At the Pacific Islands Fisheries Science Center, the Cetacean Research Program uses a variety of passive acoustic approaches to advance its assessment capabilities and to examine the relationships between cetaceans and their environment. The use of passive acoustics to gather critical data and to augment visual surveys is growing more important. Passive acoustic data are used to augment ship-based line-transect surveys, to help delineate cetacean populations, to assess occurrence and seasonality, and to estimate the density, abundance, and trends of cetacean populations within the Pacific Islands Region.
Passive Acoustics for Population Assessment
Whales and dolphins spend most of their time under the surface of the water, where visual monitoring methods are ineffective. Additionally, sound travels much farther in water than light, and cetaceans commonly use sound rather than vision to communicate with each other and to find food. Using passive acoustic tools, we can listen to the sounds made by whales and dolphins, their ambient environment, and any human-generated noise. These data augment our visual surveys for cetaceans and provide an opportunity to examine temporal and spatial changes in the density and behavior of some species at time scales that we can not monitor using other methods. The data also provide insight into the acoustic environment, the soundscape, and changes within that environment that might affect cetacean populations.
Our passive acoustics program incorporates a broad diversity of instrumentation- bottom-mounted long-term acoustic recording devices, miniature recorders for use on mobile or dynamic platforms, drifting medium-term acoustic recording devices, towed hydrophone arrays during ship-transect surveys, and many novel approaches to addressing our challenging mission. Passive acoustics is particularly well-suited to helping us understand three important elements of population assessment:
- Species occurrence and range: What species occur in the area, how are they distributed, and when are they there?
- Population abundance and trends: How many animals are in the population? How does that abundance change over time?
- Population stresses: What natural processes or human-caused threats may be impacting the population? Are threats constant or does the severity vary? Can the threat be reduced?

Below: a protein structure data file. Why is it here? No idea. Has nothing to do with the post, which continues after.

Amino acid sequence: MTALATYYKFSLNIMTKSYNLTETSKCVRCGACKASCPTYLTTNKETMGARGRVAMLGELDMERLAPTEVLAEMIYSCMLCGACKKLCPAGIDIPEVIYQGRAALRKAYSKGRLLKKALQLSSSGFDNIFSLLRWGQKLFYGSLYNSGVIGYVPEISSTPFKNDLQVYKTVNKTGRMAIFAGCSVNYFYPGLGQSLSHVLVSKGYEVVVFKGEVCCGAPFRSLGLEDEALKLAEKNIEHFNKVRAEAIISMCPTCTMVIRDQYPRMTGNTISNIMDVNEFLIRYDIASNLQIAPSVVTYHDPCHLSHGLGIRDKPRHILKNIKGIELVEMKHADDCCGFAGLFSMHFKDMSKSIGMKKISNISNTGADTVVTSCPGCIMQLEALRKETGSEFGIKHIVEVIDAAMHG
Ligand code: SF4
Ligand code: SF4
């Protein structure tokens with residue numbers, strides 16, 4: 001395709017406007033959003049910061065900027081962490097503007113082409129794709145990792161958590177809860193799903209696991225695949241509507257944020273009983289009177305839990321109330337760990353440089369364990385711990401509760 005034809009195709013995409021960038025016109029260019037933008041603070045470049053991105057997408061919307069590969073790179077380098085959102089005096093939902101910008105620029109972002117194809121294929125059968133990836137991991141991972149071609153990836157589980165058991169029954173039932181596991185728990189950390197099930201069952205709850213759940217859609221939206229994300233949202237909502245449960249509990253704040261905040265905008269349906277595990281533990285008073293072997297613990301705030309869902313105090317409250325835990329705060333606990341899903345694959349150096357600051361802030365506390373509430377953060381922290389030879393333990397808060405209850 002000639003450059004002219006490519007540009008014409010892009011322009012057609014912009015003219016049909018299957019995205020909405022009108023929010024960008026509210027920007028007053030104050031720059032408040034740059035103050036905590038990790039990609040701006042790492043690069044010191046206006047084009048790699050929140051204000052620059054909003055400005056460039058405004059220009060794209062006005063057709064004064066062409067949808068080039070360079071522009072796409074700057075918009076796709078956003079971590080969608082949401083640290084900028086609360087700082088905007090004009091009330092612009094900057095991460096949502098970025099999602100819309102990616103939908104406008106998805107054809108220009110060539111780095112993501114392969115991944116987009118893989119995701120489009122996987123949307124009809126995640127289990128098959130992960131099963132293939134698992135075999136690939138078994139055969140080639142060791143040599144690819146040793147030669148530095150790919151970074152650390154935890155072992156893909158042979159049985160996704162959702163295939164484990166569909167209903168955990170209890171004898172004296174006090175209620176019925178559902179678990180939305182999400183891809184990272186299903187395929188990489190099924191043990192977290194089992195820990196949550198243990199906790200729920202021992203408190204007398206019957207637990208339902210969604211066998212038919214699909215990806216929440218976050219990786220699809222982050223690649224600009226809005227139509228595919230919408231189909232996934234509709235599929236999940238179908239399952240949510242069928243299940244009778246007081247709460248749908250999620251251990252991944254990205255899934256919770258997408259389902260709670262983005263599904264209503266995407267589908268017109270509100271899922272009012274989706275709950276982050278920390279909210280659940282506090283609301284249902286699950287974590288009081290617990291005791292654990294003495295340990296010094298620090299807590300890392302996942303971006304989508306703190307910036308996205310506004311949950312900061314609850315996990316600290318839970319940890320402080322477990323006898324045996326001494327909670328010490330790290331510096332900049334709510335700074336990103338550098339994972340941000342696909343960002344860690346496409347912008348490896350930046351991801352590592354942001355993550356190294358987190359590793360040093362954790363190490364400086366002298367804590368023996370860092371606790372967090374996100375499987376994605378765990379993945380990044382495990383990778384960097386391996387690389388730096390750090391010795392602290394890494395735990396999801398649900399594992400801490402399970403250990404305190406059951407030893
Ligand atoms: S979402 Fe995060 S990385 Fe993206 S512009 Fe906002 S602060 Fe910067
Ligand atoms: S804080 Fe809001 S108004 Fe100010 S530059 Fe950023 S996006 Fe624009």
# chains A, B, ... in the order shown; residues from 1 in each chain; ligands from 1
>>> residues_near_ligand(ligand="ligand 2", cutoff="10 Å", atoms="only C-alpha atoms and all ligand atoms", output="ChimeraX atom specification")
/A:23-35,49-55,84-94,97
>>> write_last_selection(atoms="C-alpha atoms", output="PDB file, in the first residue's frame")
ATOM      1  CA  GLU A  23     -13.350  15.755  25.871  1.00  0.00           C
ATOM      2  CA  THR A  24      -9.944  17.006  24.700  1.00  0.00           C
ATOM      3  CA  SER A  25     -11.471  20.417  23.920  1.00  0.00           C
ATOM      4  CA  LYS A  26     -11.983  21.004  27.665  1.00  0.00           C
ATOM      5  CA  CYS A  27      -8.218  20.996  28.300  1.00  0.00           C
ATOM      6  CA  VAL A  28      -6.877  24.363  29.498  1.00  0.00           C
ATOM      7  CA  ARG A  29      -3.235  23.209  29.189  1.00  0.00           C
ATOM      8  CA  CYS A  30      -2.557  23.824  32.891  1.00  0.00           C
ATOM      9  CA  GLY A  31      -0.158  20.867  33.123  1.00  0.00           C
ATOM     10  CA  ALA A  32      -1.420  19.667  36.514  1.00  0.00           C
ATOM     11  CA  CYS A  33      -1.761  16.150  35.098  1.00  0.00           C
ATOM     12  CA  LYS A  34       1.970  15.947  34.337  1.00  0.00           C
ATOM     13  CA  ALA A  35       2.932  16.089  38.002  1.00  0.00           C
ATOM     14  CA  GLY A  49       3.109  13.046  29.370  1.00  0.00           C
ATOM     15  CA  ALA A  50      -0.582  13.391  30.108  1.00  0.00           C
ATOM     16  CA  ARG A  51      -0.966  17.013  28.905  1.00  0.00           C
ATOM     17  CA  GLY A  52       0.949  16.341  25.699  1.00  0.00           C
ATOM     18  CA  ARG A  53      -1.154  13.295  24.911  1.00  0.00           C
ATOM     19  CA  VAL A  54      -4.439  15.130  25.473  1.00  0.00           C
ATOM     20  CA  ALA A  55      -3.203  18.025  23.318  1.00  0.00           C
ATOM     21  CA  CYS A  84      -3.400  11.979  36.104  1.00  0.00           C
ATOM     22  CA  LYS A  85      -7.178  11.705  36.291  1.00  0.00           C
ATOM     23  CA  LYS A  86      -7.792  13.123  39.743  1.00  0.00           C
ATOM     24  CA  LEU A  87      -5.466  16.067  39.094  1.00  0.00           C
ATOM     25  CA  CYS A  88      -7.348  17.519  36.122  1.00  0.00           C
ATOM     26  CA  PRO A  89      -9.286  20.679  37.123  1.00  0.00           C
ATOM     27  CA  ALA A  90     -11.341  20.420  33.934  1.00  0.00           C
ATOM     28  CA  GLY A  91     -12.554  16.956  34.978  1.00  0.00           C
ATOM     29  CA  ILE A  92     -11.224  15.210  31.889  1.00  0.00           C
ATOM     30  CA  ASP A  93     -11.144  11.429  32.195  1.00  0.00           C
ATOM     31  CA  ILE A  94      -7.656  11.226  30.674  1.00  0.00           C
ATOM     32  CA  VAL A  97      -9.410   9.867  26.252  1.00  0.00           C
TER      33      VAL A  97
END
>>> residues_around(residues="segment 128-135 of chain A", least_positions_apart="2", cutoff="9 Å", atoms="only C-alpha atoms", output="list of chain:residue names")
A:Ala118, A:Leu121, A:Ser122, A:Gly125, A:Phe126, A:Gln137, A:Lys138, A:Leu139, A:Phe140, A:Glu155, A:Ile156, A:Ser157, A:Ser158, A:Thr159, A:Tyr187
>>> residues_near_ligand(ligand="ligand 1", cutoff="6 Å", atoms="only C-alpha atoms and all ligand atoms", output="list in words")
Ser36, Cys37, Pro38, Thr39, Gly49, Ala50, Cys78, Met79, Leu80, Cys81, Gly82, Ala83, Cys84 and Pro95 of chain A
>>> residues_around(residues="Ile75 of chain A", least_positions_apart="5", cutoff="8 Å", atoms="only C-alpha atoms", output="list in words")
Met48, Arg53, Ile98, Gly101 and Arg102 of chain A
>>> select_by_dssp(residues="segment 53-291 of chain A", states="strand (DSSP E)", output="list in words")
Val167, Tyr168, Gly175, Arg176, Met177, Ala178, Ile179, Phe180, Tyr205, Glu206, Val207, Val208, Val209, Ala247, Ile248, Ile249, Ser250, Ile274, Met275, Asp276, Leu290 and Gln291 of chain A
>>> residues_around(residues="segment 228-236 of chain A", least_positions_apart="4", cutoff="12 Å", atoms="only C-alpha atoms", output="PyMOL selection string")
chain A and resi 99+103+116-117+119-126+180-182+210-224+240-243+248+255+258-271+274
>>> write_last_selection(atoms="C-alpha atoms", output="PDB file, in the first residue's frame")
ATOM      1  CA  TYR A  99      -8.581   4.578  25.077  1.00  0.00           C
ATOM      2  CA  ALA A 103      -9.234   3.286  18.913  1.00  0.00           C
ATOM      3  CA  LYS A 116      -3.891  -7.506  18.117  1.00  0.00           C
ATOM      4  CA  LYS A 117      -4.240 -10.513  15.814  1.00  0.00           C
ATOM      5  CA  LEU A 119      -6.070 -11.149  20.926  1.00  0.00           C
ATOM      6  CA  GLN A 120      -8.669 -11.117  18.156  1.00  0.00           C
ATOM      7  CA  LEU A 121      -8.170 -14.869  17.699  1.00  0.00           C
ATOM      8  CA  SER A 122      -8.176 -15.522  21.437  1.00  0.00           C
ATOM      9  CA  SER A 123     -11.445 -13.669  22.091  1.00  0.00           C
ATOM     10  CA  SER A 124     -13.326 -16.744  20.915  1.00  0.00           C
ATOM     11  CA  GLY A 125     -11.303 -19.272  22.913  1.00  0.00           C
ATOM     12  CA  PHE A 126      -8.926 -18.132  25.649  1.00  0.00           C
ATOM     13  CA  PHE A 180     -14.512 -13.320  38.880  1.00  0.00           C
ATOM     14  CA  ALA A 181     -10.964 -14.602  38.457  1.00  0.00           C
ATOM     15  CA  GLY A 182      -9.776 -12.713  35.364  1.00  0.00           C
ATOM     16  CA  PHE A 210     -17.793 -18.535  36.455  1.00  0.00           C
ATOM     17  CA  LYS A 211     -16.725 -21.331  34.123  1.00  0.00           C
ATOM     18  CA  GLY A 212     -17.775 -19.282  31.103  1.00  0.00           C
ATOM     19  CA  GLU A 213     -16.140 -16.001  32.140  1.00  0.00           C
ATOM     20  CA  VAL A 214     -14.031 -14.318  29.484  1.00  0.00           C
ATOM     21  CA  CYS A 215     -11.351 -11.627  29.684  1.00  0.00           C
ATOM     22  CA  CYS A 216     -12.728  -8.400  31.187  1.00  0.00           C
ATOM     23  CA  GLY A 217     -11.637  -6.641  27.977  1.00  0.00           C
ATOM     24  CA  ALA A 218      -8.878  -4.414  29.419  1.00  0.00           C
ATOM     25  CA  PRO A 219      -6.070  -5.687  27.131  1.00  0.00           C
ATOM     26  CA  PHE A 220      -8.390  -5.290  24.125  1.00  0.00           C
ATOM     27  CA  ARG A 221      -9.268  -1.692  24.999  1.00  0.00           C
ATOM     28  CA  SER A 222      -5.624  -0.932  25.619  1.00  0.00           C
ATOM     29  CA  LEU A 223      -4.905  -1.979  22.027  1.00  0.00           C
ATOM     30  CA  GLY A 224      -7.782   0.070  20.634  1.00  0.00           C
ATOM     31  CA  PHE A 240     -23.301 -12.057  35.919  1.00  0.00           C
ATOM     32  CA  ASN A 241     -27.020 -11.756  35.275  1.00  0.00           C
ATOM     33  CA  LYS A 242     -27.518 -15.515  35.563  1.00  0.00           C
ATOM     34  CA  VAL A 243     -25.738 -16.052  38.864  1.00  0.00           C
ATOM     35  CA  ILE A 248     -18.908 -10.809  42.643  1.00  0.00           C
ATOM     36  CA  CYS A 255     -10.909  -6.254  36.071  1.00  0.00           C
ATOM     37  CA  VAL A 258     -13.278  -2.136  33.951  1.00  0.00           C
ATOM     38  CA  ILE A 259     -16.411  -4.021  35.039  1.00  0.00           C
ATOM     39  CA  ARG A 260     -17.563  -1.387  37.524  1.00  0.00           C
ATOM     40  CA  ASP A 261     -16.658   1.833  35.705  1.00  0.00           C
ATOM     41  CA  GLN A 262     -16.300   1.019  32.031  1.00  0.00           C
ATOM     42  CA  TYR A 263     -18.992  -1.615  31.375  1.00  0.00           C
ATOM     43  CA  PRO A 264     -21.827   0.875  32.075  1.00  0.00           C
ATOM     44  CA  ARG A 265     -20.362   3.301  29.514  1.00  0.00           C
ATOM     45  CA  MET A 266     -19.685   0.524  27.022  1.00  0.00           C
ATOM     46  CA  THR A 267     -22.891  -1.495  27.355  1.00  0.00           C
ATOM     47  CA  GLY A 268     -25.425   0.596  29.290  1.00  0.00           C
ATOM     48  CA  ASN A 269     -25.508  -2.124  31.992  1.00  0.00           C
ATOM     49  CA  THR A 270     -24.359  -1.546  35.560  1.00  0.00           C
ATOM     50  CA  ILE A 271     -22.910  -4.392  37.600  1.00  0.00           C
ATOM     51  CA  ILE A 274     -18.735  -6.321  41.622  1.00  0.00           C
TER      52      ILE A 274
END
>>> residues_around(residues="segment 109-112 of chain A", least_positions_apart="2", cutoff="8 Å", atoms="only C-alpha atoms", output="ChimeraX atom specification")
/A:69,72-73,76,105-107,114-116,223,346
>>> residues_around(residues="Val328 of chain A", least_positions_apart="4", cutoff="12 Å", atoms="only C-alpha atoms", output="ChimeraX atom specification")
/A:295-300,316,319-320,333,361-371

Pacific Islands Passive Acoustic Network
The Pacific Islands Passive Acoustic Network (PIPAN) is designed to provide long-term monitoring of cetaceans in remote regions or areas of special interest. PIPAN sites are currently monitored using bottom-mounted passive acoustic data recorders called HARPs (high-frequency acoustic recording packages). HARPs are generally deployed at each site once or twice per year, recording sounds from 10 Hz to 100 kHz, and sometimes higher frequencies. They must be recovered to retrieve the data. The resulting data record includes vocalizations from both odontocetes and mysticetes, as well as ambient sounds (wind, rain, other organisms) and human-generated noises, such as echosounders, ships, and sonar.
To date, PIPAN includes recorders in 13 locations across the Pacific Islands region, including several that were deployed as early as 2006. We have them off the Kona coast of Hawaii Island (a 12-year record!), at Pearl and Hermes Atoll in the Northwestern Hawaiian Islands, at Wake Atoll, and off Saipan, Tinian, and Pagan in the Mariana Islands (see map). These long-term data sets allow us to assess the occurrence, seasonality, and long-term changes in distribution of species, as well as any changes in vocal behavior or distribution in response to increasing human sound sources or changing environmental conditions.
Towed Hydrophone Arrays
Passive acoustic tools also prove valuable in real-time applications. We conduct visual and acoustic cetacean surveys to estimate the distribution and abundance of each encountered species. During the survey, we use an acoustic array to listen for vocal cetaceans. The acoustic array consists of a series of hydrophones (underwater microphones) that we tow behind the ship (a "towed array") while it is moving along the survey trackline. The research team aboard the ship monitors the hydrophone signals with headphones and watches a visual representation of the sound—a spectrogram—for sounds that are at higher frequencies than can be detected by the human ear.
Using these techniques and a suite of processing software, the acoustic team can determine when a whale or dolphin is nearby, what species it is based on various characteristics of its vocalizations, and where it is relative to the ship. The location is estimated based on the geometry of the array itself—we can get a bearing to the vocal animal based on the difference in the time that a given sound is heard at each hydrophone (plus some trigonometry). A series of intersecting angles provided as the ship moves along the track provides a location. Acoustic detections provide an opportunity to collect additional data from the group and for some species, an opportunity to examine dive behavior and abundance based on information in the acoustic data.